Publisher’s note: This is one in a 12-part series running from Sept. 1-12 about how Lake Tahoe is tied to 9/11.
By Stephen Ward
When you’re young, you have a peculiar way of gauging things. Some children worry about a new school because of the size or shape of a fence, or from the look of their teacher. Others might sense alarm if their dinner is overcooked or negated altogether.
Although these signals are dubious, they grant closure. They help you reduce dimensions, to understand the world around you and momentarily fend off its opacity.
My mother was the norm; she would sit beside me and rub my back, speaking softly until I woke up. This meant today would be the new yesterday — everything is as it should be.
Being woken up by my father was a different story. He favored yanking the sheets off quickly and shouting “Morning!” relying on the startle to wake me up. This occurred less often and indicated that I had an appointment or errand to run before school. The day would be slightly different, more unpredictable.
On the morning of Sept. 11, 2001, both parents were in my room. But, unlike the other days, neither one made an effort to disrupt my sleep. I awoke to find their backs facing me on the foot of my bed, my bedroom light still off. They were just sitting there, motionless, with their eyes glued to the burning building framed within the 12-inch TV screen.
I couldn’t ask what was happening before a second plane answered my question.
I wish I could say time stood still at that point, but the opposite happened. The TV was turned off and I was told to go downstairs for breakfast. My mom, with her nurturing disposition, consoled me throughout my bowl of cereal. She told me she’d take me to school and that everything would be all right. Don’t worry, she repeated. Everything is fine.
But I already knew that wasn’t the case. I woke up myself, with both of my well-being signifiers entranced in front of me.
Ask any teenager what it’s been like since 9/11, and you’ll probably get a descriptive before/after binary. Before, schooldays seemed shorter. Lunch tasted better and the air was less stagnant. Teachers would watch their students from afar, reclined against the school wall and talking among themselves.
Sept. 11 was a lost day. No one wanted to do anything, so everyone sat together and watched the TV or listened to the radio. Every 50 minutes, a bell rang — a signal for everyone to get up and go somewhere else to do more of the same.
The most memorable class that day was physical science. My teacher had a close friend who worked in the World Trade Center. She stopped class repeatedly to answer her phone, exchanging calls with her friend’s wife. She cried uncontrollably in front of us when her friend called and said he was alive.
From Sept. 12 onward, teachers were falconine. They stayed on the field with students during every break from class, constantly surveying the grounds. They were sentient guard towers, armed with whistles and neurosis.
I was 13 years old living in Las Vegas when the terrorist attacks transpired. According to the major news channels, my region was a potential target. Some of the hijackers met in strip clubs and casinos in Las Vegas before carrying out the attacks. Security cameras showed the perpetrators sauntering through casino floors, detached from reality with the blue, grainy haze of the recording. Like the world they left behind, they were a shadow of themselves.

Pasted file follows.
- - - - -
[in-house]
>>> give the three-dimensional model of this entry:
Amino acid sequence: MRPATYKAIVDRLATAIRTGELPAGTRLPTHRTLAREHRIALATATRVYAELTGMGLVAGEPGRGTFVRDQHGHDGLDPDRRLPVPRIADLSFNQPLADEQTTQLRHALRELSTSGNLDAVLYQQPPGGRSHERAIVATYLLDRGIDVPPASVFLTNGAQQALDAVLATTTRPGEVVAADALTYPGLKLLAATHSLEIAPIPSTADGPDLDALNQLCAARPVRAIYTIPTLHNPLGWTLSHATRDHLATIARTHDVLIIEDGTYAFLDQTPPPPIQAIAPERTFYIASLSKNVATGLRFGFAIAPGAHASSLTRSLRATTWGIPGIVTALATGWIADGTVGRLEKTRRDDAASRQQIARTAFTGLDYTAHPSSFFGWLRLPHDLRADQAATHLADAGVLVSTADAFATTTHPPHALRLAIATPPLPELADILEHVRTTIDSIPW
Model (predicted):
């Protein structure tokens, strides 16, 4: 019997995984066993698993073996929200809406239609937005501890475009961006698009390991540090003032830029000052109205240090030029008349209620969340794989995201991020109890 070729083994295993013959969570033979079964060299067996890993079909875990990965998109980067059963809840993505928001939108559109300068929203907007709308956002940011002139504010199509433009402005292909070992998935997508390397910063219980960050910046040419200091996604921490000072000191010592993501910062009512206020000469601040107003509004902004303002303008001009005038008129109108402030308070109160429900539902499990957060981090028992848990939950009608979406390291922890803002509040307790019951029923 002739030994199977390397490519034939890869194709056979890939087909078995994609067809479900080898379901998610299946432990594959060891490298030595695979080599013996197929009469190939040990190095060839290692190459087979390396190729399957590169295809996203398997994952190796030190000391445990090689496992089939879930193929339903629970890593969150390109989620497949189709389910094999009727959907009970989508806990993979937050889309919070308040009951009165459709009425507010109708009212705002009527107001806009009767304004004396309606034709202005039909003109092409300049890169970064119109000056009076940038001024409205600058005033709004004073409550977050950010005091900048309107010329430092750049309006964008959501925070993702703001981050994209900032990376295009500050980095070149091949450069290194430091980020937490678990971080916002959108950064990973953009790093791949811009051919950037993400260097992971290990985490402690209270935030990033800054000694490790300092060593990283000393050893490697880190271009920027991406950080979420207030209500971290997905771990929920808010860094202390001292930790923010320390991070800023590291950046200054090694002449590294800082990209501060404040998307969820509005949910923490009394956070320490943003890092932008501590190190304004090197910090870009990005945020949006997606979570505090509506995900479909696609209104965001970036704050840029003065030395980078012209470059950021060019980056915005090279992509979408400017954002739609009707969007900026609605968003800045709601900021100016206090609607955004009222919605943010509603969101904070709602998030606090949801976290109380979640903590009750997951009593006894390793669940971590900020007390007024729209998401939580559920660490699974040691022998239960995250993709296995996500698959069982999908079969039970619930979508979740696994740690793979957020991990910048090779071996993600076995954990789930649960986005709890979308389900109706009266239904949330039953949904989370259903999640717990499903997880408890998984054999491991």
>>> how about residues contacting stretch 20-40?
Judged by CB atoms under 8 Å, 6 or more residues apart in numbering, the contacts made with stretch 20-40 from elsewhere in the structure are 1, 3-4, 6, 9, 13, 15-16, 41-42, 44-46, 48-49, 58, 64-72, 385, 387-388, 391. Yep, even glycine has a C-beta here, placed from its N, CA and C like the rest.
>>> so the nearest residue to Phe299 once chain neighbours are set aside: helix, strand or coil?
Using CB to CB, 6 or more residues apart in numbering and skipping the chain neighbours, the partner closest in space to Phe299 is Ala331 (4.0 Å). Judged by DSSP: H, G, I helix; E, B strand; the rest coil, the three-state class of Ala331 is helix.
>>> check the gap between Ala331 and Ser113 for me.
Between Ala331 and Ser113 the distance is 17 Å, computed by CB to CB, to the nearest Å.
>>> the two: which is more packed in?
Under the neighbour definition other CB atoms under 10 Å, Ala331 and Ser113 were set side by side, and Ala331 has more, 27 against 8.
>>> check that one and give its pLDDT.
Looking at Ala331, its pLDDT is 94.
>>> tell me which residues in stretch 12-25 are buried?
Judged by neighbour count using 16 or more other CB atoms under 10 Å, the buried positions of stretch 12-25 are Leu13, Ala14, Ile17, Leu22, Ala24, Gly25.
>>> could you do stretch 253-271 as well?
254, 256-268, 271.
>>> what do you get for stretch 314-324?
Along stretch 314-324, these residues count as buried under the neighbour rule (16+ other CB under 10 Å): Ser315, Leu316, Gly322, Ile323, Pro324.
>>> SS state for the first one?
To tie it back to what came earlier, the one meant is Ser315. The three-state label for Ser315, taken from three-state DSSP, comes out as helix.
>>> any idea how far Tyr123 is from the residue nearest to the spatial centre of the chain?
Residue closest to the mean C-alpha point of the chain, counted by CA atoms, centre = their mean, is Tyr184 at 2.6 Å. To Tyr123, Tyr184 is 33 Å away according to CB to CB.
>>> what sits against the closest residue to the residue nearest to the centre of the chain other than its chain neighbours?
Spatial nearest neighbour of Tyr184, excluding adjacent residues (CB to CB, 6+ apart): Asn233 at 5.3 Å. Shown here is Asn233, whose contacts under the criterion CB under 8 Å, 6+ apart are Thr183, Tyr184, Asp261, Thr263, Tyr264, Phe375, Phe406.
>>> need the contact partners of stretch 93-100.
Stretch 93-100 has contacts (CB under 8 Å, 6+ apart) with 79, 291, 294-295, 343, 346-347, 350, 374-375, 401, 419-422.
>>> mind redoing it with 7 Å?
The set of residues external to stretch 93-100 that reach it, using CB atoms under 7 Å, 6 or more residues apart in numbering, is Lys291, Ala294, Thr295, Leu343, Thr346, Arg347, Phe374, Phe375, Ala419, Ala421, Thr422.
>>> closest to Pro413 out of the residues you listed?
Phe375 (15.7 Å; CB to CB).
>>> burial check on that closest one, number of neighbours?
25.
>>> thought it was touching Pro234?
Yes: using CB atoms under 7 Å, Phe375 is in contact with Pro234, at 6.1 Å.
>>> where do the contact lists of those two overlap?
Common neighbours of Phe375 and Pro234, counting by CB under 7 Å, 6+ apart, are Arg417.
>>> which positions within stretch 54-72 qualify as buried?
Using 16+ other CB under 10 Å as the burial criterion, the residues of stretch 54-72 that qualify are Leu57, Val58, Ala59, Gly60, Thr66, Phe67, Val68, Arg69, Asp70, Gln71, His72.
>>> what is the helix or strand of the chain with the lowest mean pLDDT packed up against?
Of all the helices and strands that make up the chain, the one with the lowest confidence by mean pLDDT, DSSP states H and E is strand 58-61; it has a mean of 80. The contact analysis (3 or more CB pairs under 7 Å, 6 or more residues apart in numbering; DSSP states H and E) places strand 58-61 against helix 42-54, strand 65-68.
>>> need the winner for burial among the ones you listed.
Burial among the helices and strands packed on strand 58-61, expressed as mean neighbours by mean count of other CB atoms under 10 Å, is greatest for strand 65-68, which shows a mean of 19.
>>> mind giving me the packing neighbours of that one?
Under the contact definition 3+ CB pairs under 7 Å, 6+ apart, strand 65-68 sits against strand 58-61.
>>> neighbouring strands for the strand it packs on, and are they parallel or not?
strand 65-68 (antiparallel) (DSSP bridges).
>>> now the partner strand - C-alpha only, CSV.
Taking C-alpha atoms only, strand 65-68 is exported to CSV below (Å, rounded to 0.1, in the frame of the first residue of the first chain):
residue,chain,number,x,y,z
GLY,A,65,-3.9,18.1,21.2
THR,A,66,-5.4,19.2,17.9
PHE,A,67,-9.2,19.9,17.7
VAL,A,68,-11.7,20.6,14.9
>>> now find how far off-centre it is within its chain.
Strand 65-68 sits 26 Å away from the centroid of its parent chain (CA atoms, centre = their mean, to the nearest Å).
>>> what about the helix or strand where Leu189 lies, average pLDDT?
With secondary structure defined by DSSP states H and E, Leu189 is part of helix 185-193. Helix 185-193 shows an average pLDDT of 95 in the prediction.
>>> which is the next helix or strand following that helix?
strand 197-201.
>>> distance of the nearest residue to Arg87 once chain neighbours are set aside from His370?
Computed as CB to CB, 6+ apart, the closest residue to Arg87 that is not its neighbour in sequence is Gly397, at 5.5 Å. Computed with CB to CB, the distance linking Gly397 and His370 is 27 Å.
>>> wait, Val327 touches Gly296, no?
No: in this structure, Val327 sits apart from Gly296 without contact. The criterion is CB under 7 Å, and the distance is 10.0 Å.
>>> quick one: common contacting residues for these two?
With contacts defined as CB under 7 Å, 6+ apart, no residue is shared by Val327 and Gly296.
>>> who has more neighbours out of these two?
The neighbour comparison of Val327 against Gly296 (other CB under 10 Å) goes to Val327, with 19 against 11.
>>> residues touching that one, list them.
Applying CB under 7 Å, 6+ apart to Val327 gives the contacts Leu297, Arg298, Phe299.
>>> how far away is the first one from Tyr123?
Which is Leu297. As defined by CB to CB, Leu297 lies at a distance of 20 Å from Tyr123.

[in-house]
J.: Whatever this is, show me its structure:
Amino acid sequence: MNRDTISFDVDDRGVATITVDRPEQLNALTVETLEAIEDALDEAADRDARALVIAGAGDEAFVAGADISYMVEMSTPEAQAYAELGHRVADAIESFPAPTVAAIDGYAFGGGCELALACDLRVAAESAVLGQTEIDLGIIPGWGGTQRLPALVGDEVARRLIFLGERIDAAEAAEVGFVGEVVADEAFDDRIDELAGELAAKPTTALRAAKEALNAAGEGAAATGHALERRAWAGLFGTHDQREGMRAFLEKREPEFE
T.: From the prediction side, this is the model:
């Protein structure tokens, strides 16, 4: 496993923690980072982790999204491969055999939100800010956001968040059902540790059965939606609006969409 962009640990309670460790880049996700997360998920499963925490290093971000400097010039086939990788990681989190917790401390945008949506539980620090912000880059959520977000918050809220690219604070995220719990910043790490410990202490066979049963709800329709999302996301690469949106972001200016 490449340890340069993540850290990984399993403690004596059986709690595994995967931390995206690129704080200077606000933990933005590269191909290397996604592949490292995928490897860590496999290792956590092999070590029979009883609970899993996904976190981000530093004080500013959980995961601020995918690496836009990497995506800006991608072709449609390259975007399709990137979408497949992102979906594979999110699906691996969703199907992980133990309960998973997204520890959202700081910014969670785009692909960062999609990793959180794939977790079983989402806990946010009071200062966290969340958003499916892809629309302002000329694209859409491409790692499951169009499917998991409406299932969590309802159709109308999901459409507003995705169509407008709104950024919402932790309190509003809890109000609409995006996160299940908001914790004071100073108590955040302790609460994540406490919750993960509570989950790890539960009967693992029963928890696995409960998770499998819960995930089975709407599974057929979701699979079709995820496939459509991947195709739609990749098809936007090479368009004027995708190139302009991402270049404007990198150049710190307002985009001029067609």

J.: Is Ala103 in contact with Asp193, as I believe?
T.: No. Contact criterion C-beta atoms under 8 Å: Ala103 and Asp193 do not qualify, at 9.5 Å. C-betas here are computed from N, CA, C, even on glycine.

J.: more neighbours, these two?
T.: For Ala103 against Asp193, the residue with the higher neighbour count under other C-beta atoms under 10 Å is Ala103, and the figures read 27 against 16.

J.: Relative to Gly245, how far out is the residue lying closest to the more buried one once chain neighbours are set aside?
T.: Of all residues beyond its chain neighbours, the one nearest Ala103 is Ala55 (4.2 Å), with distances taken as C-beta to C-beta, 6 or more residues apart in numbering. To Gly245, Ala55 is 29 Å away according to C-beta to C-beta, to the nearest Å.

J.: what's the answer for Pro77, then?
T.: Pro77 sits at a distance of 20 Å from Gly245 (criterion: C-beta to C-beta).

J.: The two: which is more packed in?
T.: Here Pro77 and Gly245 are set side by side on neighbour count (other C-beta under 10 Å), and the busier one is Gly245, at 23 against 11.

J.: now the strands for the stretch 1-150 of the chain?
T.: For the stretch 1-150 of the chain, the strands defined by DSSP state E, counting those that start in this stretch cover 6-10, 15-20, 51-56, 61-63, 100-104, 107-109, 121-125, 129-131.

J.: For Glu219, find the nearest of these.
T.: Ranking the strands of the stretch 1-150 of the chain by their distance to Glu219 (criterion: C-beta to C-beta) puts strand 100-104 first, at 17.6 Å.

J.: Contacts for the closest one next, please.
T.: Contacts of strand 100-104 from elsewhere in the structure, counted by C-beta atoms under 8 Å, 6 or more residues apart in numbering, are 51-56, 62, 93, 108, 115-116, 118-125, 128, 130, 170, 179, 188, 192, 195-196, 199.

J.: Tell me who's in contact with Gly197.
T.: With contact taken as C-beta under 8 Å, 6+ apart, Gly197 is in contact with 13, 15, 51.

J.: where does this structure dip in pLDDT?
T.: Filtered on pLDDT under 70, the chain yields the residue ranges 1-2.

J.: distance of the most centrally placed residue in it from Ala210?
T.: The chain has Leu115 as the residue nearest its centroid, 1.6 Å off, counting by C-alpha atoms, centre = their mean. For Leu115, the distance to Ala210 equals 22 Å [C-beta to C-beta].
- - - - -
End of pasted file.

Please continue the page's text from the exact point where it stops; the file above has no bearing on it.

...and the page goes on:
I wish I could say social profiling didn’t seep into the schoolyard, but it did. Among the many topics discussed back then were sleeper cells, especially in our area. Teachers kept close watch of the Muslim students. Children with darker skin were supervised by multiple hall guards. We stopped getting the occasional hug from our teachers when we left class.
The “us versus them” mentality the nation’s leader adopted divided what was once a unified generation. By reducing dimensions, by trying to better understand the world around us, and our place in it, my peers adopted a new breed of hostility.
It carried into high school. By my sophomore year, the war against terrorism was in full motion. Many students were bloated with chauvinism. The common resolution in history and government classes was to turn the Middle East into a parking lot. This was met with overwhelming approval.
Not every teacher promoted xenophobia. My sophomore English teacher showed us documentaries about war, social unrest and the conspiracy theories surrounding the attacks. His mantra was on expanding our perspective, not polarizing our paranoia.
During the last 10 years, I’ve had quite a bit of time to reflect on what happened and, consequentially, what it means. The world I live in now is a product of an unpredictable event, one that lasted for a few hours and shifted the social axis of everyone around me. To grow up during the post-9/11 era is to grow up with a broken perception of safety, trust and acceptance.
Still, I’m convinced my English teacher had it right. Resilience is tangible, so long as my generation seeks information and awareness rather than rhetoric and scare tactics.
Nowadays, I spend more energy gauging my reaction rather than the events themselves.
Stephen Ward is a student at UNR interning for Lake Tahoe News.